We believe that we should certainly teach more from the New Testament (NT) than the Old Testament (OT). The author of Hebrews tells us that God’s fuller revelation is found in the person of Christ (Heb. 1:1-3). However, many Christians use this as a justification to never read or study the OT. For them, the OT is in many cases a confusing enigma. As a result, much of the inspired word of God (2 Tim. 3:16) is left misinterpreted, misunderstood, or simply left unread.
We agree that the OT is much more difficult to interpret than the NT. The OT narrative takes place over thousands of years, while the NT narrative takes place over hardly 60 years. For this reason alone, the OT is more difficult to study and comprehend. How are we to approach reading and interpreting the OT?
Many people are not sure how to split up the OT into a teaching rotation for a small group or even how to study the OT in general. We have seen great fruitfulness in our men’s Bible study by using a specific method for studying the OT. Recently, we had 17 men in our small group and all 17 spoke up multiple times during discussion. We feel that this method helps members to engage the Bible personally and interpret the text accurately.
Introduction to each OT book
Before studying each book, read these short articles that give an introduction and background. In each article, the reader will find information regarding authorship, historical background, theological themes, and a teaching rotation. Additionally, the reader will find a series of discovery questions that are helpful for teaching and leading discussion. To teach through these books, make sure to read through our earlier article on “Inductive Bible Study.”
Genesis This is a book about beginnings: The beginning of the universe, the human race, and the nation of Israel. We also see God respond to the Fall of humanity by enacting his plan through the nation of Israel.
Exodus This is a book about God’s rescue. The Jews are freed from the evil tyranny of a foreign king—the Egyptian Pharaoh—and they are led toward the Promised Land.
Leviticus While Exodus is a book of rescue, Leviticus is a book of holiness. It has been said, “It took one night to get the Jews out of Egypt, but forty years to get the Egypt out of them.” Leviticus explains the ceremonial, civil, and moral laws given to Israel.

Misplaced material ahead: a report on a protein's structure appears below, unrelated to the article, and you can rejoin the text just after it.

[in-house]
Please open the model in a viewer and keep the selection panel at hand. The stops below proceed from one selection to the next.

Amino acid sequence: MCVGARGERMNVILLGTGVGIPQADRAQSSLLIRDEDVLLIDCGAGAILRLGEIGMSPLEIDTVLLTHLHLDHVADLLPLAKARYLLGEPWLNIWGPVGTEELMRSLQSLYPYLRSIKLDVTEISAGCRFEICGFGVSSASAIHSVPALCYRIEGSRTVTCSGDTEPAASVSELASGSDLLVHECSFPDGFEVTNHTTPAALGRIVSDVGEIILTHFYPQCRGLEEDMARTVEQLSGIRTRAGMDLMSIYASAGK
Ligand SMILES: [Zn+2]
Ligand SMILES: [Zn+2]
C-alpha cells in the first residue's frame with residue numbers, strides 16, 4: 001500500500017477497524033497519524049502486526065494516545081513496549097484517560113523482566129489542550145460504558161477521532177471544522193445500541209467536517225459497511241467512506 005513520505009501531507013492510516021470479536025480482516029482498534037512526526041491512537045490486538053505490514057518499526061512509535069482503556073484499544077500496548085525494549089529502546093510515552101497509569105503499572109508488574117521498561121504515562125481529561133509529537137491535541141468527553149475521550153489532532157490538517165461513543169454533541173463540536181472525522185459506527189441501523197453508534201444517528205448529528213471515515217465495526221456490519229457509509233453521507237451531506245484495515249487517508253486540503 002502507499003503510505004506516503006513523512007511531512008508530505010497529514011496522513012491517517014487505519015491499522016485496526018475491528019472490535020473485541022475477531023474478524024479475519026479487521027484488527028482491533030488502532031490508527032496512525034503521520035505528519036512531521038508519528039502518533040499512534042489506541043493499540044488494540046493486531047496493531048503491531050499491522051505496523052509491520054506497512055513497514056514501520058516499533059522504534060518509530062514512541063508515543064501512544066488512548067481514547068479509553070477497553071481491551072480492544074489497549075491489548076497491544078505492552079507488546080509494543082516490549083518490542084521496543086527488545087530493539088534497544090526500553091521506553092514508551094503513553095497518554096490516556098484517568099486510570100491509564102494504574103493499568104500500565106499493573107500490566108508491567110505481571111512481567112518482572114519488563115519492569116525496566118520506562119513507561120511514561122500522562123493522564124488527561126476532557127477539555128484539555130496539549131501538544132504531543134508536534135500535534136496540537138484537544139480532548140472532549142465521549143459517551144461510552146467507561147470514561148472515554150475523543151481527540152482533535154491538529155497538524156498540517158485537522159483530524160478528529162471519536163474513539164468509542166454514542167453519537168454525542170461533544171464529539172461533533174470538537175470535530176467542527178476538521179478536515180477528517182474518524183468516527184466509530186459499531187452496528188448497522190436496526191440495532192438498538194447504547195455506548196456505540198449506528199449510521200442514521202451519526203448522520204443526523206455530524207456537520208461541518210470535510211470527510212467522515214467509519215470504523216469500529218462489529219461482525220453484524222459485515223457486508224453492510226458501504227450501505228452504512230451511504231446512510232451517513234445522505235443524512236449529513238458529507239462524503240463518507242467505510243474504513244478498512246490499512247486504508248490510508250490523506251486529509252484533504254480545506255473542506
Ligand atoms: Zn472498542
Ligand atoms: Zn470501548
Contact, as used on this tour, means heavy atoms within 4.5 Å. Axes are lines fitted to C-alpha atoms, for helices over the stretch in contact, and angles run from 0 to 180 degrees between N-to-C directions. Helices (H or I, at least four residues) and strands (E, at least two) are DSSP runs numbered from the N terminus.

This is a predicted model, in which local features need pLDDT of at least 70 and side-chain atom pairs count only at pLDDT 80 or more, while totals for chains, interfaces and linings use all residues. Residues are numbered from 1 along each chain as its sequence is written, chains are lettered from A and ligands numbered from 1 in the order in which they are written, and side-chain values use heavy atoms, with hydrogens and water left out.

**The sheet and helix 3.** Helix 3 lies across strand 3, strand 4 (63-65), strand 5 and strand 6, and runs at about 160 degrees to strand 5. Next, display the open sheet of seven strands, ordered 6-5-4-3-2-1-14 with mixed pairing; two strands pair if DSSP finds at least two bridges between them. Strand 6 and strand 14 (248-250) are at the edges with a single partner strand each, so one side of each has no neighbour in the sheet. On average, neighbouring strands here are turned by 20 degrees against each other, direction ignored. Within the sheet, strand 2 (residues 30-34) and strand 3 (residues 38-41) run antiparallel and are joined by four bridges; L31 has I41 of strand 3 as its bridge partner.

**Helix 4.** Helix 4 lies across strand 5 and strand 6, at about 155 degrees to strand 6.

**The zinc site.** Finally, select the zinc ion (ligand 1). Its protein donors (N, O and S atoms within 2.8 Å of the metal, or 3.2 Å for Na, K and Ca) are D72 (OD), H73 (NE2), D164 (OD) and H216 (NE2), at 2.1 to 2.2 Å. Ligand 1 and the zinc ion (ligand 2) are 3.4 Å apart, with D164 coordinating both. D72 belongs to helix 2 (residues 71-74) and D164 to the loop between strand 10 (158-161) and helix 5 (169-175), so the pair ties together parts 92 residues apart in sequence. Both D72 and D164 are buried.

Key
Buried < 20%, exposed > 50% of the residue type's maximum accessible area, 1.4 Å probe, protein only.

Numbers This book explains why the Jews needed to wander for 40 years in the wilderness: When the spies reconnoitered the land, they came back in fear regarding the people of the land. While God had promised them the land, they were too afraid to take over what God had promised.
Deuteronomy Deutero means “second,” and nomos means “law.” Thus Deuteronomy is the “second law.” It takes place at the tail end of the 40 year wandering. Since an entire new generation had come forward during this time, Moses needed to repeat the law to them (since none of them were there when it was originally given). Moses dies, and he passes the baton to Joshua, who takes them into the Promised Land.
Joshua This book is about the conquest of the Promised Land. After 40 years of anticipation, the Jews finally take over what was promised to them. Joshua is a book of war, bloodshed, and battle.
Judges This book begins with the death of Joshua. In the absence of strong leadership, the nation falls into moral and spiritual anarchy fairly quickly. Judges contains a constant cycle of idolatry, ruin, and rescue.
Ruth This book tells the story of King David’s great-grandmother, Ruth. It takes place during the time of Judges, and it is a love story about a Moabitess widow who marries a good man, Boaz.
1 & 2 Samuel These two books (originally one book: Samuel) explain the rise of the monarchy in Israel, as well as the archetype for the messiah: King David.